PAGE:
Although the installation-like works of his creative years, long since past, employ live performers and move through time, Wilson has never really had any interest in the theater. He actively seems to disapprove of the theatrical impulse and even to resent its continued existence. Least of all, engaged as he has been in a world of wealthy backers, museums, and foundations, has he ever had any interest in theater with the kind of social-activist impulses that partially fueled the creation of Threepenny. Premiered before Brecht became a communist, the work is not actively political as many of his later works are, though he tried to make it so in subsequent rewritings. It was meant as provocative entertainment for middle-class theatergoers—part satire, part shock effects, part aesthetic innovation, part moral indictment, and part sheer theatrical diversion. Audiences worldwide have relished the unexpected, heady mixture ever since.RTWT.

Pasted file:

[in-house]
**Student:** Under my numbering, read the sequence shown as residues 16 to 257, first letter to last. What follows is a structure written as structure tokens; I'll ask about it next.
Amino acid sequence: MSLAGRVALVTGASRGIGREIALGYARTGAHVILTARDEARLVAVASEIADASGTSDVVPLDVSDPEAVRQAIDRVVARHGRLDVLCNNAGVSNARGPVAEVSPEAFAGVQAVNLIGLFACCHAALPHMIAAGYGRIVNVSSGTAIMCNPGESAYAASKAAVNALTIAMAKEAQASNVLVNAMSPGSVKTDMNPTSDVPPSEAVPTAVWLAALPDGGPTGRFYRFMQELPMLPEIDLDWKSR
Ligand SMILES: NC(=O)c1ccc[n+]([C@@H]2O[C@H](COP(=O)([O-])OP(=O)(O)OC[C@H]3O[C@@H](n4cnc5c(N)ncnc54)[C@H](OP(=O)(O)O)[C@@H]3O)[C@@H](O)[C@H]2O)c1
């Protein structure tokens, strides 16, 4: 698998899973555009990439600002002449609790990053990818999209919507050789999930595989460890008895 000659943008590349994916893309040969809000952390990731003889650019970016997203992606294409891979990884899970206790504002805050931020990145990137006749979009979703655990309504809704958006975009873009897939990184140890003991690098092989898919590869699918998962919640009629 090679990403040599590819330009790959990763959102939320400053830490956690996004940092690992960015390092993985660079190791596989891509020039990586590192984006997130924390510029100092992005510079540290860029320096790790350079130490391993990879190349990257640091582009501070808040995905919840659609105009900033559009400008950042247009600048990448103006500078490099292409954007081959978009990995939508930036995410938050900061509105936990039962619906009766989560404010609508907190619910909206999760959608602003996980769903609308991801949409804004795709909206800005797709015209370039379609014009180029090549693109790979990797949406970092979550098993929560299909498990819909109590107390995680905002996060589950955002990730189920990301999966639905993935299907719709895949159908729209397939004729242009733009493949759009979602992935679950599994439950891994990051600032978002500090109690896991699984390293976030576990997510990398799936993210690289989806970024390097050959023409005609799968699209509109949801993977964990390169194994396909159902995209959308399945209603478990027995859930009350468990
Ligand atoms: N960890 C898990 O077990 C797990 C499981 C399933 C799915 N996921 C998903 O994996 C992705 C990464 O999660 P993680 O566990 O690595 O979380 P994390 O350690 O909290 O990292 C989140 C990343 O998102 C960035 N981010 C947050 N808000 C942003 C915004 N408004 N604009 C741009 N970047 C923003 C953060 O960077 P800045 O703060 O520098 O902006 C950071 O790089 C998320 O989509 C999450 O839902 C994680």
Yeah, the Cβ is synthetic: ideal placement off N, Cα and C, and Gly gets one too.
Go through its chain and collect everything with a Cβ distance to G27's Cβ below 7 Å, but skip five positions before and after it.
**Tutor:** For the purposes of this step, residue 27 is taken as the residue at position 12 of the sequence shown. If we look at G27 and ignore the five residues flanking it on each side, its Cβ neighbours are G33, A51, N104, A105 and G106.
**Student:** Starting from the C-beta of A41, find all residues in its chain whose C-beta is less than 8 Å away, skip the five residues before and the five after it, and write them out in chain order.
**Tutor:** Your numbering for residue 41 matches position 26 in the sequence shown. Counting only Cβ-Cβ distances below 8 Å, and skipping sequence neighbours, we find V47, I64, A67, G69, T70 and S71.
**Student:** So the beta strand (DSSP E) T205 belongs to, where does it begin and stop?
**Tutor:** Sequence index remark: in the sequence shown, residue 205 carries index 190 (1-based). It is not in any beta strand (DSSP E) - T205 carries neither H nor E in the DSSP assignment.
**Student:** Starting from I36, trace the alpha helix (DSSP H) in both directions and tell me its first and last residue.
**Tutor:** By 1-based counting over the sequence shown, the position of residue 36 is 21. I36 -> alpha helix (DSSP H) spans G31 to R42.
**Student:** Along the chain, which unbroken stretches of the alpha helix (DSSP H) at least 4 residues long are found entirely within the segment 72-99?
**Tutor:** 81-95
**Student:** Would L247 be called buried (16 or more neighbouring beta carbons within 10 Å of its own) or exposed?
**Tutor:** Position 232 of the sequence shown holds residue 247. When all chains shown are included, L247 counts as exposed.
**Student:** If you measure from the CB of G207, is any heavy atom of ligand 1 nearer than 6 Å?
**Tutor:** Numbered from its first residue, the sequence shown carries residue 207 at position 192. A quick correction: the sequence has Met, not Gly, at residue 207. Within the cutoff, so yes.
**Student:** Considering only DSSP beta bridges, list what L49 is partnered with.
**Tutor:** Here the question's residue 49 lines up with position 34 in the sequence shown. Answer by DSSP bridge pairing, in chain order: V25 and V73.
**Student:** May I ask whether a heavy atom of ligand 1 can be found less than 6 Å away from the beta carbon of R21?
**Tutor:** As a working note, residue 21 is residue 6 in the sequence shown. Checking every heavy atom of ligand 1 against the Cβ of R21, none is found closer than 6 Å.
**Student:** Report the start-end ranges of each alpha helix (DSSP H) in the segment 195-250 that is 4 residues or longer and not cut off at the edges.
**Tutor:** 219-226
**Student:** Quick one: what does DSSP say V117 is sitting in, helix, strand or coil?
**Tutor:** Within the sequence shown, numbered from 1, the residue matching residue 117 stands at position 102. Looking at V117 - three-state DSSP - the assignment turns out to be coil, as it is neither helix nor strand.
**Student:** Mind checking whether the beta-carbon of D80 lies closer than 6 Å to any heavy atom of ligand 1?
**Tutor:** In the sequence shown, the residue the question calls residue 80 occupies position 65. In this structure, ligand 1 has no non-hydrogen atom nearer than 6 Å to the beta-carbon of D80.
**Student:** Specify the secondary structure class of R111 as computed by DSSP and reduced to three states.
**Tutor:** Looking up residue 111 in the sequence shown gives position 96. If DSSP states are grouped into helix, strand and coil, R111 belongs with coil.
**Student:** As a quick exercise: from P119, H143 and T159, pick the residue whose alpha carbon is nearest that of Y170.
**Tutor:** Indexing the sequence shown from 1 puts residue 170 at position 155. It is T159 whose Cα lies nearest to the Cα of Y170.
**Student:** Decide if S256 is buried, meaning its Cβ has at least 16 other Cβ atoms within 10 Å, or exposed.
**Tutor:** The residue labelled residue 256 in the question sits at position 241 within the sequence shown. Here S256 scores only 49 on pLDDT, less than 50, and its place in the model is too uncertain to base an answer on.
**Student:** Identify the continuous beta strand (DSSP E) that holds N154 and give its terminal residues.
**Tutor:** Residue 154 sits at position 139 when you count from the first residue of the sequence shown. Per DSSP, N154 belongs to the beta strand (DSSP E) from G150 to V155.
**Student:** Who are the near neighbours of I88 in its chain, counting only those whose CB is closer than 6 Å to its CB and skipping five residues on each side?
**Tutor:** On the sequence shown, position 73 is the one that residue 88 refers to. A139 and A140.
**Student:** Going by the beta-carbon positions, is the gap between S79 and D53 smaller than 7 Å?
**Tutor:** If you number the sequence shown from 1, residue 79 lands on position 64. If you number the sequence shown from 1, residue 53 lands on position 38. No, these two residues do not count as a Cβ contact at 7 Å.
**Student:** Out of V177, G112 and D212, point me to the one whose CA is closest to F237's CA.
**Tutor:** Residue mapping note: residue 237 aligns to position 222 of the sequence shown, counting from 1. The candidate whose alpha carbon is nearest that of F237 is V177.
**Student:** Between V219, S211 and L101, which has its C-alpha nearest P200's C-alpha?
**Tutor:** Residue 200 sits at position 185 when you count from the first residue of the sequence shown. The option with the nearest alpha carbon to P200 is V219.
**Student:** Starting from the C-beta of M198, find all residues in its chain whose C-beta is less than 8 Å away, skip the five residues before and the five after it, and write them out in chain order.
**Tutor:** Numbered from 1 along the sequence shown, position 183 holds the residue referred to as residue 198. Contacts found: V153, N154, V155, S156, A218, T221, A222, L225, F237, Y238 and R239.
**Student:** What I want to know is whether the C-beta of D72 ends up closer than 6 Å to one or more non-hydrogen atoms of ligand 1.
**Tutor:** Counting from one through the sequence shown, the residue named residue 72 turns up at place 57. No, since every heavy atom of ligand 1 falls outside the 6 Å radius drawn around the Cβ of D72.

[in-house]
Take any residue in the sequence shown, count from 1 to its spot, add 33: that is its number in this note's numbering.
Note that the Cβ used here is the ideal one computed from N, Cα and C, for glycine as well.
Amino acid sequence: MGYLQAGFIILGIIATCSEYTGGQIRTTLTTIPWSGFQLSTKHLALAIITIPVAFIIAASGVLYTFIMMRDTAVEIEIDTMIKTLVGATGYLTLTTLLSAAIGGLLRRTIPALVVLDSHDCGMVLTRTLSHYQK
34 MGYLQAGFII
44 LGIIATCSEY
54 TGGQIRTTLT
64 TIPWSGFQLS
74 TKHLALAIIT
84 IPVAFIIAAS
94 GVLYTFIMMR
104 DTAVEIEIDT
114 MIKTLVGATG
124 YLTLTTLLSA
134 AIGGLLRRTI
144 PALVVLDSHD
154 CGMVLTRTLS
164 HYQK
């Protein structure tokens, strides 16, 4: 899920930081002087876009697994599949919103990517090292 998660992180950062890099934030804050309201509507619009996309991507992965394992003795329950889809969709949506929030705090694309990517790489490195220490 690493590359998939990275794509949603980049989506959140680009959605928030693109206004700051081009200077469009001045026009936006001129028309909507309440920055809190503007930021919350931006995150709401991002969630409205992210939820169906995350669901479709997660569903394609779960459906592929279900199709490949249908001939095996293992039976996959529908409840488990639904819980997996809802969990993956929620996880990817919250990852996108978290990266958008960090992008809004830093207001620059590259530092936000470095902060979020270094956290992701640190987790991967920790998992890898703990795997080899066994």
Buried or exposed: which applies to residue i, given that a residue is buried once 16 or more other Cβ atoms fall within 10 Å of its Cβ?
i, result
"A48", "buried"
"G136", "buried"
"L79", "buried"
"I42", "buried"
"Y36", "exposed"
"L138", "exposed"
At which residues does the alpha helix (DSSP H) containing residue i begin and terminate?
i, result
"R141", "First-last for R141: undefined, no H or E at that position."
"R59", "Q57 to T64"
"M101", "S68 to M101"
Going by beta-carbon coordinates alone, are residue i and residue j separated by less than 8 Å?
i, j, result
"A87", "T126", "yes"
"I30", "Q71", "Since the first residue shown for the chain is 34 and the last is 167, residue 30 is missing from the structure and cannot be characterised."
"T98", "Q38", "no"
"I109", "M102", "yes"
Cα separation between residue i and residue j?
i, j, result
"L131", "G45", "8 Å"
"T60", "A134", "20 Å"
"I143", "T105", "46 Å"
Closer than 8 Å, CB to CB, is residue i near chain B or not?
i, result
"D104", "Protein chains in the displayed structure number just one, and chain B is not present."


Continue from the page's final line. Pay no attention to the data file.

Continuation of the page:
Wilson carefully removed all these aspects of the piece, turning Brecht and Weill's middle-class wake-up call into dead entertainment for rich people.
Oct 12, 2011
Michael Feingold, on Robert Wilson's Threepenny, covered previously here:
Posted by Rob Weinert-Kendt at 7:32 AM